Beijing has announced a series of measures that it plans to implement as a response to President Trump’s new import tariffs, in an escalating trade war between the US and China.
Despite repeated warnings from Beijing, on Thursday Donald Trump instructed US Trade Representative (USTR) Robert Lighthizer to levy tariffs on at least $50 billion of Chinese imports, accusing it of stealing American technology. The USTR was given 15 days to propose a list of products that will be targeted.
China immediately hit back, announcing that it plans to impose tariffs on US goods, which, last year, had an import value of $3 billion. China’s commerce ministry also threatened to take legal action against the US through the World Trade Organization “to maintain the stability of global trading rules,” hoping that a full-blown trade war can be avoided through dialogue.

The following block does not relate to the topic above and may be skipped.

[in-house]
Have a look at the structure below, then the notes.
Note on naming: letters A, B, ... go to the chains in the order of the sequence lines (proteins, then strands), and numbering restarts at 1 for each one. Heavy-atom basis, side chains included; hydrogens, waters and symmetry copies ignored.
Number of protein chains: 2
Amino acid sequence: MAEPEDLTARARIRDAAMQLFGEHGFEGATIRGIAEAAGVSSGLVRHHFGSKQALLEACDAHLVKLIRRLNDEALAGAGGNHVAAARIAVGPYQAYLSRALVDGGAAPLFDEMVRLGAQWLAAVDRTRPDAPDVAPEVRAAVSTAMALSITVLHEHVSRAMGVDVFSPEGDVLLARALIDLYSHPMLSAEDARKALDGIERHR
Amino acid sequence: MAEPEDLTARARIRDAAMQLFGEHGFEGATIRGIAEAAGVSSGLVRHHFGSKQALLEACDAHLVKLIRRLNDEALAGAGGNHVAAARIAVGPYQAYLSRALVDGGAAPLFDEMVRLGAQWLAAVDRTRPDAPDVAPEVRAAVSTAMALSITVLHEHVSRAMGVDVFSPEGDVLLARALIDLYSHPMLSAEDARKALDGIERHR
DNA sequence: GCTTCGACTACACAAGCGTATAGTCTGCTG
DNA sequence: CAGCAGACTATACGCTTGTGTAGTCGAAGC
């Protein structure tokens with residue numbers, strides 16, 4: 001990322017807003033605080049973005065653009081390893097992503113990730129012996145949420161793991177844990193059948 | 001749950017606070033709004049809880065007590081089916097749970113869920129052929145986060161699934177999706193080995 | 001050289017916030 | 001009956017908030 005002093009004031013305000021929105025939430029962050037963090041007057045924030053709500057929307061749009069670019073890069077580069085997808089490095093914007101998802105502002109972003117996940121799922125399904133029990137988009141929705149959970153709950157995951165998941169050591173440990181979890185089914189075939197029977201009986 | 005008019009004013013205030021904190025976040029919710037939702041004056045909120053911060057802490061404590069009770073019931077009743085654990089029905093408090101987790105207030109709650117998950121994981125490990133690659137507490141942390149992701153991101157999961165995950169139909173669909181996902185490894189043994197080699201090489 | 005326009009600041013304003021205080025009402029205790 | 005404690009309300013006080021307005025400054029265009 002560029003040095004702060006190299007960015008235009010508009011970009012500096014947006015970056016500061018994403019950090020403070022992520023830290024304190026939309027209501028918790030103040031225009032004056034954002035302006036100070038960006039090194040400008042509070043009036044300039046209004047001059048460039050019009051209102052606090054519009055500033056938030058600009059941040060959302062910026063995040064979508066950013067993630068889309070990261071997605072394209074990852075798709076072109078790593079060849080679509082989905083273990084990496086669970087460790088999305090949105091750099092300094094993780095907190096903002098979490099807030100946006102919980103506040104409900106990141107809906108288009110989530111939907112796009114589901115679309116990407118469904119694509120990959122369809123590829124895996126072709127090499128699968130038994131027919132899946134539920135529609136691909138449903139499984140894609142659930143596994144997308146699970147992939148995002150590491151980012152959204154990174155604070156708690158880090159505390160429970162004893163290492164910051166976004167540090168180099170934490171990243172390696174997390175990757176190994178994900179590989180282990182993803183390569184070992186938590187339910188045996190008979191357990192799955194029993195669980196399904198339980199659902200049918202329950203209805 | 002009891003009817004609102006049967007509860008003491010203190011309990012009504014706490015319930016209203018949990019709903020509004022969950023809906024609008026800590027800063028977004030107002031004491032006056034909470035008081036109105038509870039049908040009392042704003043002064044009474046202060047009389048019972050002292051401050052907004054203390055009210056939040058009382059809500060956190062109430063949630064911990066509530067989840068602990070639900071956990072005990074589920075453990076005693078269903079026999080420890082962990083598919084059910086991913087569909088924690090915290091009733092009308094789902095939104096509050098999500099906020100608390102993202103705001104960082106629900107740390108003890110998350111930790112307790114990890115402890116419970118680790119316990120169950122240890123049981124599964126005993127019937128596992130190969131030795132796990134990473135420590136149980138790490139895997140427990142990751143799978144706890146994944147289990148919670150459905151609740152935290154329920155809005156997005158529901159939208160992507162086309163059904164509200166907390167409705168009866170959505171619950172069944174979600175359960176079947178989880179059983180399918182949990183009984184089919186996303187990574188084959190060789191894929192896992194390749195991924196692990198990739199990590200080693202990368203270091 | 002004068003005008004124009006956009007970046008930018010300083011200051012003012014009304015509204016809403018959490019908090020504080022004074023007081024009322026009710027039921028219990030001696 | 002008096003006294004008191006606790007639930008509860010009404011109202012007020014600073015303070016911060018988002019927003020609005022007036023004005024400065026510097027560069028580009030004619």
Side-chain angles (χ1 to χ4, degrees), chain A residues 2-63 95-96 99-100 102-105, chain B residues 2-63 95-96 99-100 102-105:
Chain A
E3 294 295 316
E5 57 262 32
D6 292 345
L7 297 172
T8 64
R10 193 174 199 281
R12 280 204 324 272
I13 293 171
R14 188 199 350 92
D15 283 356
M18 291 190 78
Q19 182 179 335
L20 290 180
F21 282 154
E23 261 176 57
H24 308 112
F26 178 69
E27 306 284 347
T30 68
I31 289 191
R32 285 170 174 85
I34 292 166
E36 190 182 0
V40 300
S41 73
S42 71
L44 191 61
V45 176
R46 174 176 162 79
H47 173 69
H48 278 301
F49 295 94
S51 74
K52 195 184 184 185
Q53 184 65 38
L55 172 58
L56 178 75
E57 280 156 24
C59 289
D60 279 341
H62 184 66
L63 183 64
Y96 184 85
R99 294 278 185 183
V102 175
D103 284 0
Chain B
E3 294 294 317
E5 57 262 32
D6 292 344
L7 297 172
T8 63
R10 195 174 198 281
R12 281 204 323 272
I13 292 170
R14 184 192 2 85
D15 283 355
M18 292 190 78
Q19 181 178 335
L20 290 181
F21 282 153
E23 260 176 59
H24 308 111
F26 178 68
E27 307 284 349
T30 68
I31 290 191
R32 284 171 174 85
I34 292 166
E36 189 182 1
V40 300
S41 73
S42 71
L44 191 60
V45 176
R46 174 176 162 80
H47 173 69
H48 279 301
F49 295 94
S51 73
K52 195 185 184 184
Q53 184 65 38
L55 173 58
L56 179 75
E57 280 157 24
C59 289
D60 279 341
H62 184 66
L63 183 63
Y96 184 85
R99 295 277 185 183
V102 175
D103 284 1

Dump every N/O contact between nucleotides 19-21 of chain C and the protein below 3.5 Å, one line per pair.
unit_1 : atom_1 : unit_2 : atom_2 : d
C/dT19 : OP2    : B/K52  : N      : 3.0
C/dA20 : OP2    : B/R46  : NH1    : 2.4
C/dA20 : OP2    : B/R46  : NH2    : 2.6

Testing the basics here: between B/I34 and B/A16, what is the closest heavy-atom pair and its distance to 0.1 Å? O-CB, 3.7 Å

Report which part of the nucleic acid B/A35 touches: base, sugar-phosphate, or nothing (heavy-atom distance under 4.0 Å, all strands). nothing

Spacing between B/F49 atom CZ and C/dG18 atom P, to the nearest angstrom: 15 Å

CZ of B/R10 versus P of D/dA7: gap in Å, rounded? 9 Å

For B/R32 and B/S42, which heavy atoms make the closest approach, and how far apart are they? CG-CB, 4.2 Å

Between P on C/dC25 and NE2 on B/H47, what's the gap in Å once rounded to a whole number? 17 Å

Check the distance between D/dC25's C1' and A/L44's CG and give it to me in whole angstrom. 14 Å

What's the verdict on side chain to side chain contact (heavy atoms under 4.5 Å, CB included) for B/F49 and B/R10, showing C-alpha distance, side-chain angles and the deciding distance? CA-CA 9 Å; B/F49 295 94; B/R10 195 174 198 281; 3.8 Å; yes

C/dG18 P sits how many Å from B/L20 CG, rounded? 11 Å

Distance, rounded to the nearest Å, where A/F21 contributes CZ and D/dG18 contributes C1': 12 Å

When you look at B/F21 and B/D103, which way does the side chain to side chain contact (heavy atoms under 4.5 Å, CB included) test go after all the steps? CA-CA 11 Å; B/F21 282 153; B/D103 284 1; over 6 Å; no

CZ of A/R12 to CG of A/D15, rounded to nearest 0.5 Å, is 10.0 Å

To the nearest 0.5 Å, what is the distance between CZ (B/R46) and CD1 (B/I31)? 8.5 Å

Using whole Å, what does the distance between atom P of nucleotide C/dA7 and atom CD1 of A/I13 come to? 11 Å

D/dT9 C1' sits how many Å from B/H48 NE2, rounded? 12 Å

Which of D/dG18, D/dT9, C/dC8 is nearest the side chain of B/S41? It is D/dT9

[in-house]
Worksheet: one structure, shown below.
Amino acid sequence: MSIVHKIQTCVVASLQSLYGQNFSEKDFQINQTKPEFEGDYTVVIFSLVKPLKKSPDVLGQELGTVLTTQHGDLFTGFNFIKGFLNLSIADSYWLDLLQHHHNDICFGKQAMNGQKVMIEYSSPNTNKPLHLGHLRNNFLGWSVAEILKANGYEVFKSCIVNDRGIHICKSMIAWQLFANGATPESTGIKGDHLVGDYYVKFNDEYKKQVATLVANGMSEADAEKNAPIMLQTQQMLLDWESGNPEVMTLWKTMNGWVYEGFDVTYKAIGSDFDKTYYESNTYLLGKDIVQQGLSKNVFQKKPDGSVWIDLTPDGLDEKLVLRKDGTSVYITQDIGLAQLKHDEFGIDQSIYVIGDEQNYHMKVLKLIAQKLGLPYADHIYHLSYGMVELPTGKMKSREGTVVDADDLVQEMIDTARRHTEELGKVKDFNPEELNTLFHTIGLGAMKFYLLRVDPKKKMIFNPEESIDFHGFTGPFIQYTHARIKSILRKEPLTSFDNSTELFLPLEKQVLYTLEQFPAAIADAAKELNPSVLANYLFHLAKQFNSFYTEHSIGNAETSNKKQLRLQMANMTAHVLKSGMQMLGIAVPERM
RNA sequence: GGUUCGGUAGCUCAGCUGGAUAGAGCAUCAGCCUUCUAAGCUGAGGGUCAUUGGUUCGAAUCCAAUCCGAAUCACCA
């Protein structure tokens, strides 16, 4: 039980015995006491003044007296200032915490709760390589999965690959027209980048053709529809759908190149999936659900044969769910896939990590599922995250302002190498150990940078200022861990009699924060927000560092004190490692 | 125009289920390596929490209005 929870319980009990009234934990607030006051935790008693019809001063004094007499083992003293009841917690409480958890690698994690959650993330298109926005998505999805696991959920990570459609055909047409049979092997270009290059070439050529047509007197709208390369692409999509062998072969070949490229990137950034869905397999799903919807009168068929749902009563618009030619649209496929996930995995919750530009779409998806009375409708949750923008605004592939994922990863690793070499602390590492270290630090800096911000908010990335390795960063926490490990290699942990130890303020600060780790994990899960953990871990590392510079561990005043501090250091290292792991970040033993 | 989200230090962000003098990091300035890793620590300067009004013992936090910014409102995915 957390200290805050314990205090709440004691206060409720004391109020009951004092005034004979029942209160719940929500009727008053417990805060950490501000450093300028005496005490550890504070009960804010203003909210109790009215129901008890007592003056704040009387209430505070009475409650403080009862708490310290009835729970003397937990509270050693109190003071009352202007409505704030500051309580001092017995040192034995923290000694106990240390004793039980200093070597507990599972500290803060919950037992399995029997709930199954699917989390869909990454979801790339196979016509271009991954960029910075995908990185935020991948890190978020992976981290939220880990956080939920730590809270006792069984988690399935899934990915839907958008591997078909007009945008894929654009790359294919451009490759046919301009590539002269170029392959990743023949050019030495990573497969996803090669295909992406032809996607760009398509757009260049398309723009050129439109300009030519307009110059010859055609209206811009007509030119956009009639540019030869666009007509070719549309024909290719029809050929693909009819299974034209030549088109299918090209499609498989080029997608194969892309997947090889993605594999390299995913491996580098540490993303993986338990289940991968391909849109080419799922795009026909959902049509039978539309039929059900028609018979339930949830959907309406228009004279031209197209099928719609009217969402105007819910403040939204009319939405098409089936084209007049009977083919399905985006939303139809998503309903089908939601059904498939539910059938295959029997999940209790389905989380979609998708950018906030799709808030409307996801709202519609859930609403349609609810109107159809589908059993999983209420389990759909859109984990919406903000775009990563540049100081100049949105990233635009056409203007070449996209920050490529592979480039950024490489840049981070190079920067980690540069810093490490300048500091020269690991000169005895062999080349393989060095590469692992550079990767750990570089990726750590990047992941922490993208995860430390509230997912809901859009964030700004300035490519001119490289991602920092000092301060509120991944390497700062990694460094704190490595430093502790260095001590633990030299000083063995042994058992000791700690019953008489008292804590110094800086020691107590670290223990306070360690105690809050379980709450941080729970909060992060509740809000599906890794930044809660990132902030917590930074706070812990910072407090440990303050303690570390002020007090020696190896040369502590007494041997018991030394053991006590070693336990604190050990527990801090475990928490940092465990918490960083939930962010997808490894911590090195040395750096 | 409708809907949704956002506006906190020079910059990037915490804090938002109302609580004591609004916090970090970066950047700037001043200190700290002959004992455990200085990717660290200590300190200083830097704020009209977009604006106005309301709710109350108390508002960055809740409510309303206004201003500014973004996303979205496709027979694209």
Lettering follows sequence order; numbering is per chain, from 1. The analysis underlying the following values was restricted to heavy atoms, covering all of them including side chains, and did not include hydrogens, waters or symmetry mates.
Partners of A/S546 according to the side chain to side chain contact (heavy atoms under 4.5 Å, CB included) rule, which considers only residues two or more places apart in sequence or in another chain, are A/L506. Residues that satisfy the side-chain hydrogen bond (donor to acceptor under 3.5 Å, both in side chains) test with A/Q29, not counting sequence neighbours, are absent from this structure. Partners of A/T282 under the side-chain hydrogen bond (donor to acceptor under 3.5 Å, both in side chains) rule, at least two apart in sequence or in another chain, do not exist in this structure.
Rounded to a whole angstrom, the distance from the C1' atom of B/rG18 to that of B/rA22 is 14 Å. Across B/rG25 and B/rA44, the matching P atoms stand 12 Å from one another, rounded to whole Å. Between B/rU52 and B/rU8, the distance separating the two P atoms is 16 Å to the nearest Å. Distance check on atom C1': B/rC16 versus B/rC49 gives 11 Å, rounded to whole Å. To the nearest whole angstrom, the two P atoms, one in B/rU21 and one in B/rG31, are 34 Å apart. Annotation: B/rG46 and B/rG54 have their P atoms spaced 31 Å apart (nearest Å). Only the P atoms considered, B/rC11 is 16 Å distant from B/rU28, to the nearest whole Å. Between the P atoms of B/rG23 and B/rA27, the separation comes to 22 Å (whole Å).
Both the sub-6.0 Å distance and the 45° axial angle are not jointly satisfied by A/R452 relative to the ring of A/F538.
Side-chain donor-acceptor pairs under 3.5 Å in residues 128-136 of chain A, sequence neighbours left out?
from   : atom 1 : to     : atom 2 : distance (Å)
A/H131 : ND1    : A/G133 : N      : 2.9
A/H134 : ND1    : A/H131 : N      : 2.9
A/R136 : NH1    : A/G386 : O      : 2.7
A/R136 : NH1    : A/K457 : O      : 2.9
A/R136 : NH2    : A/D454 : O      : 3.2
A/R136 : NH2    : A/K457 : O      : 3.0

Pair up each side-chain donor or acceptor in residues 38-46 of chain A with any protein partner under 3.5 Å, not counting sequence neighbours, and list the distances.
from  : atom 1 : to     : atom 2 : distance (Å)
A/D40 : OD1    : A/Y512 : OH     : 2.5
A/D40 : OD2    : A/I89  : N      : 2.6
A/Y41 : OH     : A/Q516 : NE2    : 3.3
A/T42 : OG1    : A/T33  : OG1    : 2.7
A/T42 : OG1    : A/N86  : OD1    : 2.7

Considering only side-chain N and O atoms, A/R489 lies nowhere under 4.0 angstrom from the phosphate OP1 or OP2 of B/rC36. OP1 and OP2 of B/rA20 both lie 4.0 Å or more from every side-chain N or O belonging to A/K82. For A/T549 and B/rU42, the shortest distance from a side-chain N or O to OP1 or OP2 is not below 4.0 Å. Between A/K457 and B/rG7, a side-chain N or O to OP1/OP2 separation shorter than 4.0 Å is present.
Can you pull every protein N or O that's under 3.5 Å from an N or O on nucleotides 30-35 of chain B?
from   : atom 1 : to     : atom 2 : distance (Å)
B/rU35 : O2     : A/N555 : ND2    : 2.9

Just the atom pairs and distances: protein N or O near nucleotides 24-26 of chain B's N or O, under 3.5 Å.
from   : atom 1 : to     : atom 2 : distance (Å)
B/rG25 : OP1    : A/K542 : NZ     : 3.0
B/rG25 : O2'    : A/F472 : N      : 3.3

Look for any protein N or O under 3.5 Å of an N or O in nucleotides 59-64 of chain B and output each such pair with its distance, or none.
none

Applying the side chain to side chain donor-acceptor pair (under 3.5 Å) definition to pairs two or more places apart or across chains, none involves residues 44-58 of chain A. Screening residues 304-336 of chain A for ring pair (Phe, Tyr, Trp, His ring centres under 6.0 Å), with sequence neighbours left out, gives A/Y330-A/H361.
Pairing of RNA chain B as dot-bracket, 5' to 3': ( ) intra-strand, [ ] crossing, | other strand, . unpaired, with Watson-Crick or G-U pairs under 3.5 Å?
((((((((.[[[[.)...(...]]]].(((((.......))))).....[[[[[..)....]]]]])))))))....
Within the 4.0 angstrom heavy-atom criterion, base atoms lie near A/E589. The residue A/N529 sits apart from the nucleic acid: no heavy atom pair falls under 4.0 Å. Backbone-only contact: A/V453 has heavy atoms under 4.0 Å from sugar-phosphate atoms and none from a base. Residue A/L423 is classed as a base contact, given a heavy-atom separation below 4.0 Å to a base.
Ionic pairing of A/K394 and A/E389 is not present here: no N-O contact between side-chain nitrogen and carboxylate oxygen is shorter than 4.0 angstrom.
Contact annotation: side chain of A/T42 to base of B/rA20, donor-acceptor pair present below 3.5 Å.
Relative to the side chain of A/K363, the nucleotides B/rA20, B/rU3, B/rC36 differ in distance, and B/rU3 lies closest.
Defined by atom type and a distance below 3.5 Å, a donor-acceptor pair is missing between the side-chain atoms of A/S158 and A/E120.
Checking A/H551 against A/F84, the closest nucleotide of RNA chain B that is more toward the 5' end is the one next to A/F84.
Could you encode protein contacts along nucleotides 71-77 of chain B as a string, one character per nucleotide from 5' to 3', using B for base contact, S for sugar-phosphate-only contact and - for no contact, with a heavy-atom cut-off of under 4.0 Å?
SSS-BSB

“We intend to impose tariffs on certain US imports to balance out the losses caused to Chinese interests by the US tariffs on imported steel and aluminum,” the ministry said, according to Reuters.
“China hopes the United States will pull back from the brink, make prudent decisions, and avoid dragging bilateral trade relations to a dangerous place,” the ministry added.
“If a trade war were initiated by the US, China would fight to the end to defend its own legitimate interests with all necessary measures,” China’s US Embassy said, in a separate statement.
Overall, China’s commerce ministry is contemplating targeting 128 American products. Beijing first wants to impose a 15 percent tariff on American steel pipes, fruit and on wine imports, to a total value of $977 million, before introducing a 25 percent tariff on pork and recycled aluminum imports, worth $1.99 billion.
In the meantime, stock markets plunged on Thursday in a broad sell-off among investors who are fearing an escalation of a trade war between China and the United States. The Dow Jones Industrial Average sunk 2.93 percent (723.43 points), the its lowest closing value since February 8. The S&P 500 Index plunged 2.52 percent (68.24 points) at the close of trading on Thursday, marking its lowest level since February 9. In Asia, Japan’s Nikkei tumbled more than 3 percent on Friday, to its lowest level since October 12.
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